Format

Send to

Choose Destination
See comment in PubMed Commons below
J Intern Med. 2014 Oct;276(4):311-35. doi: 10.1111/joim.12239. Epub 2014 May 13.

Role of alpha-1 antitrypsin in human health and disease.

Author information

1
Center for the Evaluation of Risks to Human Reproduction, National Toxicology Program, National Institute of Environmental Health Sciences, Research Triangle Park, NC, USA.

Abstract

Alpha-1 antitrypsin (AAT) deficiency is an under-recognized hereditary disorder associated with the premature onset of chronic obstructive pulmonary disease, liver cirrhosis in children and adults, and less frequently, relapsing panniculitis, systemic vasculitis and other inflammatory, autoimmune and neoplastic diseases. Severe AAT deficiency mainly affects Caucasian individuals and has its highest prevalence (1 : 2000-1 : 5000 individuals) in Northern, Western and Central Europe. In the USA and Canada, the prevalence is 1: 5000-10 000. Prevalence is five times lower in Latin American countries and is rare or nonexistent in African and Asian individuals. The key to successful diagnosis is by measuring serum AAT, followed by the determination of the phenotype or genotype if low concentrations are found. Case detection allows implementation of genetic counselling and, in selected cases, the application of augmentation therapy. Over the past decade, it has been demonstrated that AAT is a broad-spectrum anti-inflammatory, immunomodulatory, anti-infective and tissue-repair molecule. These new capacities are promoting an increasing number of clinical studies, new pharmacological formulations, new patent applications and the search for alternative sources of AAT (including transgenic and recombinant AAT) to meet the expected demand for treating a large number of diseases, inside and outside the context of AAT deficiency.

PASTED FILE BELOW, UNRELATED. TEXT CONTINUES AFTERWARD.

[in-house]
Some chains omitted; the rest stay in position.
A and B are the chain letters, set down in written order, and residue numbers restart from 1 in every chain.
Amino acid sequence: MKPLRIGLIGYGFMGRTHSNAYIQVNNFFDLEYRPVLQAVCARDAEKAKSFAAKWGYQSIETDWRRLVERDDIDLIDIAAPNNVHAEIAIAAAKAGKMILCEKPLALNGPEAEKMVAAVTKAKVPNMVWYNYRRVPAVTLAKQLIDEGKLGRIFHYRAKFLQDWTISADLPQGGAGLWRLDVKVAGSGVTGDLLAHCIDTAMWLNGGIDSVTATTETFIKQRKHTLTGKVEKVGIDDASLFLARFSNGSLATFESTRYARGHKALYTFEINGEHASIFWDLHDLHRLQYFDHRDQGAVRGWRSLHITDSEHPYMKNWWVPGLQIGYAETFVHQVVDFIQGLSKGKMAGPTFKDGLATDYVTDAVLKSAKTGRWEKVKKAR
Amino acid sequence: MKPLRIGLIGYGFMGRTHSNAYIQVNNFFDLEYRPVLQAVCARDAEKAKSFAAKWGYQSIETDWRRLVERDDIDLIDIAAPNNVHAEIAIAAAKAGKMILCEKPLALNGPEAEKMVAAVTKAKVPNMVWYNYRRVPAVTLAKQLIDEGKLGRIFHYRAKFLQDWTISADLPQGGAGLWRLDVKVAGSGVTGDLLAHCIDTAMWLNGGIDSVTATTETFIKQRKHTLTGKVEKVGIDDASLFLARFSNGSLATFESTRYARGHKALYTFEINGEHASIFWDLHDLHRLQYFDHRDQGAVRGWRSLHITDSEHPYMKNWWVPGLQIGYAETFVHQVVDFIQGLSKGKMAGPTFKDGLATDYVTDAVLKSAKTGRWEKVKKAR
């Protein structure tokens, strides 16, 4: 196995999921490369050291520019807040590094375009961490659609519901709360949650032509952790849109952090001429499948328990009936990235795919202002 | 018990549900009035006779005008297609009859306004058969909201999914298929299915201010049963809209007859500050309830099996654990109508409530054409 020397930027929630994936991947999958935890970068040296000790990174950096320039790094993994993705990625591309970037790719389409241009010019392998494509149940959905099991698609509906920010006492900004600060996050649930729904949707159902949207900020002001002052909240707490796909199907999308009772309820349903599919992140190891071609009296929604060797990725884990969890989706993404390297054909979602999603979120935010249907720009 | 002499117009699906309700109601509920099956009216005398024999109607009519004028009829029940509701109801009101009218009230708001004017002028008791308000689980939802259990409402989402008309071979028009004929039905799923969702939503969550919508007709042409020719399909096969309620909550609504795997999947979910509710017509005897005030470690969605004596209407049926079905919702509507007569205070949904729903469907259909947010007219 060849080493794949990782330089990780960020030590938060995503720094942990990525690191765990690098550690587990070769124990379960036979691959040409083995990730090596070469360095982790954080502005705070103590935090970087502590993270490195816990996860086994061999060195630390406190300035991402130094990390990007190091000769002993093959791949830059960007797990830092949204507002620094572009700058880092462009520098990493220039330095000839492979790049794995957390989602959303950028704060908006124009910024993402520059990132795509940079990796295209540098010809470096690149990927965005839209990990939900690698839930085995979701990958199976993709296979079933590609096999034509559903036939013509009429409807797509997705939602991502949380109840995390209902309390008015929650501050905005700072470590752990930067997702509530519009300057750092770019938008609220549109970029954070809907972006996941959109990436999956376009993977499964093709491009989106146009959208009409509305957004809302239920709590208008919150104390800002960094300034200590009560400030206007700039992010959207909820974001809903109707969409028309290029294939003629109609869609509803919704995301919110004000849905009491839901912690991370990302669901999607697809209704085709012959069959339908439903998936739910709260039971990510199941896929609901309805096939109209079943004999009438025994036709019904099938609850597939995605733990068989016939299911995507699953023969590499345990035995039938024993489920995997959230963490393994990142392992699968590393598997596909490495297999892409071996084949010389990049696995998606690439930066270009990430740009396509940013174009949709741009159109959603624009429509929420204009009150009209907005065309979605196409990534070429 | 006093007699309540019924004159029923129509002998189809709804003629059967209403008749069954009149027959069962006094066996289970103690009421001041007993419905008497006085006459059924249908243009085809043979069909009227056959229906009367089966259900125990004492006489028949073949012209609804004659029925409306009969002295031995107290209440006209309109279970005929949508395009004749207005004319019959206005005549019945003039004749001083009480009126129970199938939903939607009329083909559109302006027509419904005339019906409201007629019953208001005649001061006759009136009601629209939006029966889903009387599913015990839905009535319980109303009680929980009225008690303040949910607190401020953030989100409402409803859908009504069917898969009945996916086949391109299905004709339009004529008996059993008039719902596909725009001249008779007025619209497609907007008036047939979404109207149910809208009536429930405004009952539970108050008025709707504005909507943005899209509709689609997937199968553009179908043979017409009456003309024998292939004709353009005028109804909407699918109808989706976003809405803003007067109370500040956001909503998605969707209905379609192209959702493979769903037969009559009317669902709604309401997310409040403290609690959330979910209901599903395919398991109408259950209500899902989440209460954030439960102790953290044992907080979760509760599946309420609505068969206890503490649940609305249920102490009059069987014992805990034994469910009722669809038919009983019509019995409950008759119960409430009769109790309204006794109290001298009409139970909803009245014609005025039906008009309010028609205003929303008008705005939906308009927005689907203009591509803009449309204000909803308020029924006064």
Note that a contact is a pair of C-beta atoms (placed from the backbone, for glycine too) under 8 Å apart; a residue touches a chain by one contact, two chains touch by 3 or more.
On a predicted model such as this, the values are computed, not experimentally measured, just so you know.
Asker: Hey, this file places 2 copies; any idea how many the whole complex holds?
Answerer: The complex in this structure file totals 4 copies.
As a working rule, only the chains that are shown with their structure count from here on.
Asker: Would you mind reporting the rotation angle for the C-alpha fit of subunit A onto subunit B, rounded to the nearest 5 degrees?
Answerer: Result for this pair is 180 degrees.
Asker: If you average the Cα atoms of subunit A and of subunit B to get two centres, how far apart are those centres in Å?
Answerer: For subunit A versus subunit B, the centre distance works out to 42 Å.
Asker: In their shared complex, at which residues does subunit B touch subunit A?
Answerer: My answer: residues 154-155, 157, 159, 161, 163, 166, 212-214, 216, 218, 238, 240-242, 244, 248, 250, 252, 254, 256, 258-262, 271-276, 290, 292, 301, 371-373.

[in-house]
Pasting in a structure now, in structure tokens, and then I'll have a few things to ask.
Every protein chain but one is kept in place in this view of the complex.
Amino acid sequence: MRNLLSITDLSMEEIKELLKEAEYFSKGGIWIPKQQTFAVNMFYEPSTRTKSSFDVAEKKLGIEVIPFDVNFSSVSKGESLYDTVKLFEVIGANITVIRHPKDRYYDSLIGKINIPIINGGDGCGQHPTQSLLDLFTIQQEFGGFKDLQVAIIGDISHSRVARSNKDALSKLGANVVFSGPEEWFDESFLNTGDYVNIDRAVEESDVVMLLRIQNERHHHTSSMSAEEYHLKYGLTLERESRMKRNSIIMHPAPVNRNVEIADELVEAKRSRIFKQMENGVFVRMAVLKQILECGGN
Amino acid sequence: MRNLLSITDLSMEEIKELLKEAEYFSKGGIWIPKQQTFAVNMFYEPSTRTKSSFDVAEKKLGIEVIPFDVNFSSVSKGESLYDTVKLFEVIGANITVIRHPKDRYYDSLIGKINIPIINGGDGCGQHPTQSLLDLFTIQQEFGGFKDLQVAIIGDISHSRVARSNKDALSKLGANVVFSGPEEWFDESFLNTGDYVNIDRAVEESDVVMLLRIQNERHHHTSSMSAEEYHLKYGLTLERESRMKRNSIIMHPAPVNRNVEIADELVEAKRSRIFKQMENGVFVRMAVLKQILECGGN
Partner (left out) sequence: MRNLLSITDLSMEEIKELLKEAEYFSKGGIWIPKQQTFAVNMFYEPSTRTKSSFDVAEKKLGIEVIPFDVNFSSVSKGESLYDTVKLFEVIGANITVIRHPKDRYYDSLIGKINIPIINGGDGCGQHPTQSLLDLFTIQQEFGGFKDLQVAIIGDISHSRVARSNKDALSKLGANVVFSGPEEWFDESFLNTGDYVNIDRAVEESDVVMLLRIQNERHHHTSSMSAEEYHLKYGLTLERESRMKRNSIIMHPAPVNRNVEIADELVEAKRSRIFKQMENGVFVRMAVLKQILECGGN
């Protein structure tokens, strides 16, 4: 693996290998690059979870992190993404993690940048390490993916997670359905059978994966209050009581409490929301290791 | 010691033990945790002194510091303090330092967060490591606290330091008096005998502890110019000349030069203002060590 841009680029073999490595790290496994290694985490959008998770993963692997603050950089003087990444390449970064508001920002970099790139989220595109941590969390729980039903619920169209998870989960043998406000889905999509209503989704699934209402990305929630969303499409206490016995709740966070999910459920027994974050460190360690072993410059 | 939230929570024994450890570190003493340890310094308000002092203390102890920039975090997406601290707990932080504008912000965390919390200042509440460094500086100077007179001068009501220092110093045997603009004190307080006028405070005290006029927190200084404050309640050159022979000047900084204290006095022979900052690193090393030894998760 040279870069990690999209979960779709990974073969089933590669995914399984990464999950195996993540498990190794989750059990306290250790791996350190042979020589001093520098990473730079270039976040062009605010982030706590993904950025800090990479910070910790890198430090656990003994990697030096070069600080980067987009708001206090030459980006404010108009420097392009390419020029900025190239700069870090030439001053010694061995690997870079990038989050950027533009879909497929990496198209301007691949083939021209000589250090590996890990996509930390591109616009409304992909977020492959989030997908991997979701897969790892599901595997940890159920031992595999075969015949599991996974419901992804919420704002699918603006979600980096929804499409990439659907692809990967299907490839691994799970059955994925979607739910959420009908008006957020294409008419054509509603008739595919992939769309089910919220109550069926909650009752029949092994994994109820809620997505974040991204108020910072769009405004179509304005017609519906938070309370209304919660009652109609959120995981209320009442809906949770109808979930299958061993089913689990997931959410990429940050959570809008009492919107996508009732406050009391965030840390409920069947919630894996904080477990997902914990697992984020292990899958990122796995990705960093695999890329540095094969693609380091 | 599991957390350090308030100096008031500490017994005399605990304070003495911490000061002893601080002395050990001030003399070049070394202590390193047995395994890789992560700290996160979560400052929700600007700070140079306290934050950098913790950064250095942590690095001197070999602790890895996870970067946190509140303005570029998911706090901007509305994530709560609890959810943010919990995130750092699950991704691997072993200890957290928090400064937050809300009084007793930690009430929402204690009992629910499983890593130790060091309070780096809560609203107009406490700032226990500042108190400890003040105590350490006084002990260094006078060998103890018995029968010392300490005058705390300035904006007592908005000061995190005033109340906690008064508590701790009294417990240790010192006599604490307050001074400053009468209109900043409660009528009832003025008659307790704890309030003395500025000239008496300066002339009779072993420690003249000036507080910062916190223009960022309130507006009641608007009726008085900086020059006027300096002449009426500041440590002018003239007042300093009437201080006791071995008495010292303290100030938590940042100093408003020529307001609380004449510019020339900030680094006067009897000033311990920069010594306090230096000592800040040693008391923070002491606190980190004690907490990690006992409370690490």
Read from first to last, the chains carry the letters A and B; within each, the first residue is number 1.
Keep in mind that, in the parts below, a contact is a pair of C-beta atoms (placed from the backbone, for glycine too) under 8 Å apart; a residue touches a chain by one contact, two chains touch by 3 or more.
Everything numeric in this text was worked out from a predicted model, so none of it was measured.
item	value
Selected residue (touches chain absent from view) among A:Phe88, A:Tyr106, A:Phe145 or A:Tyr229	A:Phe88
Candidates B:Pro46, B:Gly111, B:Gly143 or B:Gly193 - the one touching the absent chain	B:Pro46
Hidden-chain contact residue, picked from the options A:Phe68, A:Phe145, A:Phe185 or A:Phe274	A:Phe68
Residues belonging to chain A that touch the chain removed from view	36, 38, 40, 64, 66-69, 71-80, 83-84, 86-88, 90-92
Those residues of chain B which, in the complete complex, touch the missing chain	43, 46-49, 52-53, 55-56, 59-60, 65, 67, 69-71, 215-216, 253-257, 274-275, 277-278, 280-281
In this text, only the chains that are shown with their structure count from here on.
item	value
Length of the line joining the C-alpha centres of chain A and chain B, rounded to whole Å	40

KEYWORDS:

AAT deficiency; alpha-1 antitrypsin; hereditary disorder; therapy

PMID:
24661570
DOI:
10.1111/joim.12239
[Indexed for MEDLINE]
Free full text
PubMed Commons home

PubMed Commons

0 comments
How to join PubMed Commons

    Supplemental Content

    Full text links

    Icon for Wiley
    Loading ...
    Support Center